The Alternatives

This problem is certainly not unique, but a practical solution has been difficult for me to find. I’ve been experimenting with a few different technologies over the years trying to solve this sort of thing.

Vagrant is obviously the first practical solution. For me, it has been a functional solution for quite a while, but not an optimal one. Like I mentioned before, it’s a bit bulky when attempting to mimic non-trivial architectures on a standard laptop. For a while now, I’ve been finding the motivation and time to migrate to a better setup.

With the advent of Docker, many of my software requirements become much simpler. Each piece of software can run in its own container and I don’t have to worry about dependency overlap. Multiple containers are significantly cheaper than trying to run multiple virtual machines. I could even reuse containers built on my development machine out on production. One thing Docker doesn’t effectively solve is service dependency. It can support them on a single host with links, but not across multiple hosts.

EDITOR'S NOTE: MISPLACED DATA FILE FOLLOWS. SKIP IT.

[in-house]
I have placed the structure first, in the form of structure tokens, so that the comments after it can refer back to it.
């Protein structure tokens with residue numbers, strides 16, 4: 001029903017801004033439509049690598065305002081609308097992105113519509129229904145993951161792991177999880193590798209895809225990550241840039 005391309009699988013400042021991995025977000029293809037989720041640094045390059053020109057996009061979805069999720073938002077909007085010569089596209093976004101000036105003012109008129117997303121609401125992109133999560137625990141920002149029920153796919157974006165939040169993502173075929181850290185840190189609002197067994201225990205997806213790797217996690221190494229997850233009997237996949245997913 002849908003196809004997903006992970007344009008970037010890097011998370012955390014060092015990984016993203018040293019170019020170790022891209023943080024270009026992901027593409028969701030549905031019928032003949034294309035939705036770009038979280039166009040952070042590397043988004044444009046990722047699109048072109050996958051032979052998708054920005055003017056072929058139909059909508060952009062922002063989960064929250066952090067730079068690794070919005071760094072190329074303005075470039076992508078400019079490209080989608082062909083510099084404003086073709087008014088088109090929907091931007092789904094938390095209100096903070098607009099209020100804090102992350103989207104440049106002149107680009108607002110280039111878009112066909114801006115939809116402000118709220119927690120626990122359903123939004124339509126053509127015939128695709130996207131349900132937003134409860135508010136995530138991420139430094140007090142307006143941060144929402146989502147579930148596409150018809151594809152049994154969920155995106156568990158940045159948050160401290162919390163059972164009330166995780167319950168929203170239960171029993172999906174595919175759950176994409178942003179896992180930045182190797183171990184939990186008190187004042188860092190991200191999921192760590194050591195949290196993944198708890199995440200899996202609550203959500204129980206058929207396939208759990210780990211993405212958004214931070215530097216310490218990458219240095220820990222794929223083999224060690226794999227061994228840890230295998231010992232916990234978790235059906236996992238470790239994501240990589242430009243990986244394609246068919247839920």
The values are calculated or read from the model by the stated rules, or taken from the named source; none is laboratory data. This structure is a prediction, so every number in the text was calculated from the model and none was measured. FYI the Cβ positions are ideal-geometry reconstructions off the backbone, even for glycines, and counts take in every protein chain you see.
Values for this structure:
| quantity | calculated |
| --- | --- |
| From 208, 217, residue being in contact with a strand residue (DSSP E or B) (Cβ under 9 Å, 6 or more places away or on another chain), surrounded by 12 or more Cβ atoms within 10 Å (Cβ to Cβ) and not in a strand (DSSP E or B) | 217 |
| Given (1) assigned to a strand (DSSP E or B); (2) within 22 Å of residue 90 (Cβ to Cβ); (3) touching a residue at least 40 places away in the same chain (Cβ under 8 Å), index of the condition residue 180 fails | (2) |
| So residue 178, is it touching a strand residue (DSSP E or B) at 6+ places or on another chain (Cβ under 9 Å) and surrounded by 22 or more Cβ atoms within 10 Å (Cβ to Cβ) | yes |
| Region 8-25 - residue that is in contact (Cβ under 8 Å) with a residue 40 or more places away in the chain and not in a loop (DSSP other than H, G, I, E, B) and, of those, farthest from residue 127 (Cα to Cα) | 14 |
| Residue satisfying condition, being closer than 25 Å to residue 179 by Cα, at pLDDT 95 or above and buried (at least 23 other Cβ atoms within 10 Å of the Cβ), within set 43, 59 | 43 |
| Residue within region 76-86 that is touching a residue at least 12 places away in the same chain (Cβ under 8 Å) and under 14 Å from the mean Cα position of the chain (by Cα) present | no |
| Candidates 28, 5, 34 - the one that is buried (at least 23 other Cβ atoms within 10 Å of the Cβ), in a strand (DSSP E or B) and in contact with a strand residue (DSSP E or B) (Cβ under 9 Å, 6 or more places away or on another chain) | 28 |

I’ve been keeping an eye out for other tools which may help solve these problems. Some of them are:

  • decking - seems to primarily build on top of Docker’s built-in link functionality for service dependency within a single host
  • etcd - an excellent distributed, hierarchical key-value store; very useful for monitoring configuration values and being notified when they change (related: confd)
  • fig - seems like Foreman, but geared for Docker containers
  • flynn - originally I was very excited about this, however it still seems underdeveloped for the purposes of service discovery of arbitrary services; I’m still very hopeful
  • serf - a very new client for distributing data across a cluster and taking action on it. To me it seems like more of a management tool (like half of the mcollective utility)